Down Memory Lane for March 5

Feb. 20, 1975

L.V. Merrill and Mrs. Bertha Armel are honorary life members of the Washington Fire Company and Rescue Squad. Both have been active members for many years and have served the county and community diligently. Washington was the first fire company organized in Rappahannock and the only one for a long, long time. This unit was organized in the early ’30s and Mr. Merrill was probably the instigator of the movement. He was a charter member and chief for some 15 years. It was incorporated in 1939. He served as a vice president among other positions, in later years. Mrs. Armel has responded to innumerable traffic accidents, illnesses and other emergencies during her tenure as a member and officer of the rescue unit. She has taught first aid classes for a number of years, also.

“Rappahannock County is to be congratulated,” said Raymond Williams of the Virginia State Library Association during his visit to the Rappahannock Library on Feb. 14, “on the number of well-qualified and interested county residents who have willingly agreed to served as judges for the Library’s 1975 Book Review Contests.”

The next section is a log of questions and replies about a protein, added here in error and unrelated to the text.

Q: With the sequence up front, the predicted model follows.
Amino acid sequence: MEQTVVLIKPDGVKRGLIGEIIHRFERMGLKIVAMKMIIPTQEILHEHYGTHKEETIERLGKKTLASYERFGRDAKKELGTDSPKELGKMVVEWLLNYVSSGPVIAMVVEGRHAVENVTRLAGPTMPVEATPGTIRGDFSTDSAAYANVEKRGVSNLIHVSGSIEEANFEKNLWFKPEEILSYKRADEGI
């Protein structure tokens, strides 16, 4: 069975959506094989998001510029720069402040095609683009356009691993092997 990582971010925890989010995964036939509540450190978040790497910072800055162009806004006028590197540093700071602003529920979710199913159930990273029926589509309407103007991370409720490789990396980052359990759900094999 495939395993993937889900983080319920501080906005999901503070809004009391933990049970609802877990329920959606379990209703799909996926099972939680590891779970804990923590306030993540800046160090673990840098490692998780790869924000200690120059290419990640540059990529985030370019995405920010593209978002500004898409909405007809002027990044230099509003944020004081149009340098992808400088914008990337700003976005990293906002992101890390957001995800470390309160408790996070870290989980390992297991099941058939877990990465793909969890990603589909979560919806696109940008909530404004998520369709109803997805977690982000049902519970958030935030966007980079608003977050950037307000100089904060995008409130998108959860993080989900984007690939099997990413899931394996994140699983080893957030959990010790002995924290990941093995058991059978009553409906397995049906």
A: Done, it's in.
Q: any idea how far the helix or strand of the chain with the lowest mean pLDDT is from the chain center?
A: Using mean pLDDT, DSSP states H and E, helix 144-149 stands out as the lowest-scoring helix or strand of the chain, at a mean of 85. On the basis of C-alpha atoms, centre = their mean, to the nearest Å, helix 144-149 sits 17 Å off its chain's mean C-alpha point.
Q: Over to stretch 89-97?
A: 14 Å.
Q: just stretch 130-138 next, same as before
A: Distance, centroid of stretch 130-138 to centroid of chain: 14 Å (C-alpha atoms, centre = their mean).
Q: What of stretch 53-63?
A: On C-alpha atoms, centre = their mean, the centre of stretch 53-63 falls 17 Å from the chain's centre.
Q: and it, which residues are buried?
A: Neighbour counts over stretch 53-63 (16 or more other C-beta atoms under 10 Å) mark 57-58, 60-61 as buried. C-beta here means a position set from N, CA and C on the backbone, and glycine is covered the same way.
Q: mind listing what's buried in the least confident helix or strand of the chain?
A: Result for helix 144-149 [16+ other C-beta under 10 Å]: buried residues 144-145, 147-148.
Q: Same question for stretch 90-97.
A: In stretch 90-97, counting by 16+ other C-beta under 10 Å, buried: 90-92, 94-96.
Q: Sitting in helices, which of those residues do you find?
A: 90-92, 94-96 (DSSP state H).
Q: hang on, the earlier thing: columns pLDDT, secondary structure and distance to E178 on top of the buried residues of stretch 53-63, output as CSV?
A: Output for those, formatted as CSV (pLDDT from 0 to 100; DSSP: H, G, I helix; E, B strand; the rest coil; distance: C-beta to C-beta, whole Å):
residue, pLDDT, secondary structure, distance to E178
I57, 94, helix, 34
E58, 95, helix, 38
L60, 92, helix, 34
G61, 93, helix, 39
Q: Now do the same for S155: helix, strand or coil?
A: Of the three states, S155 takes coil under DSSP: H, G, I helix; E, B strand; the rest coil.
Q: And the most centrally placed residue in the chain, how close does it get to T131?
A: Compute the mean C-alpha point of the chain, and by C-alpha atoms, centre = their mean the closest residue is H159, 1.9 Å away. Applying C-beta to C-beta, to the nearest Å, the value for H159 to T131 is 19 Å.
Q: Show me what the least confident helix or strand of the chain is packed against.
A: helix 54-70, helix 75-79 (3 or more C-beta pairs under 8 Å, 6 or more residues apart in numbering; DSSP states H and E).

When Williams inquired on what basis the judges had been selected, Mary Jamieson, Chairman, stated: “For two primary reasons, first because they are extensive readers themselves and secondly, because they believe it is extremely valuable to make young people familiar with the important cultural resources that are theirs through the use of public libraries.”

Williams agreed, when she added, “Historic time is measured from the date when man could record his doings in a written language. None of us needs to hang around being prehistoric as long as we have free public libraries!”

Mrs. Ruth Clark, president of the Washington Ladies Auxiliary, presented a check for $2,500 to the Washington Fire and Rescue Squad groups during the annual banquet held Friday. The Rev. Jennings Hobson III, president of the Fire Department, accepts the large contribution for the volunteer organizations. Two individual donations were also received that evening, one for $25 and one for $30.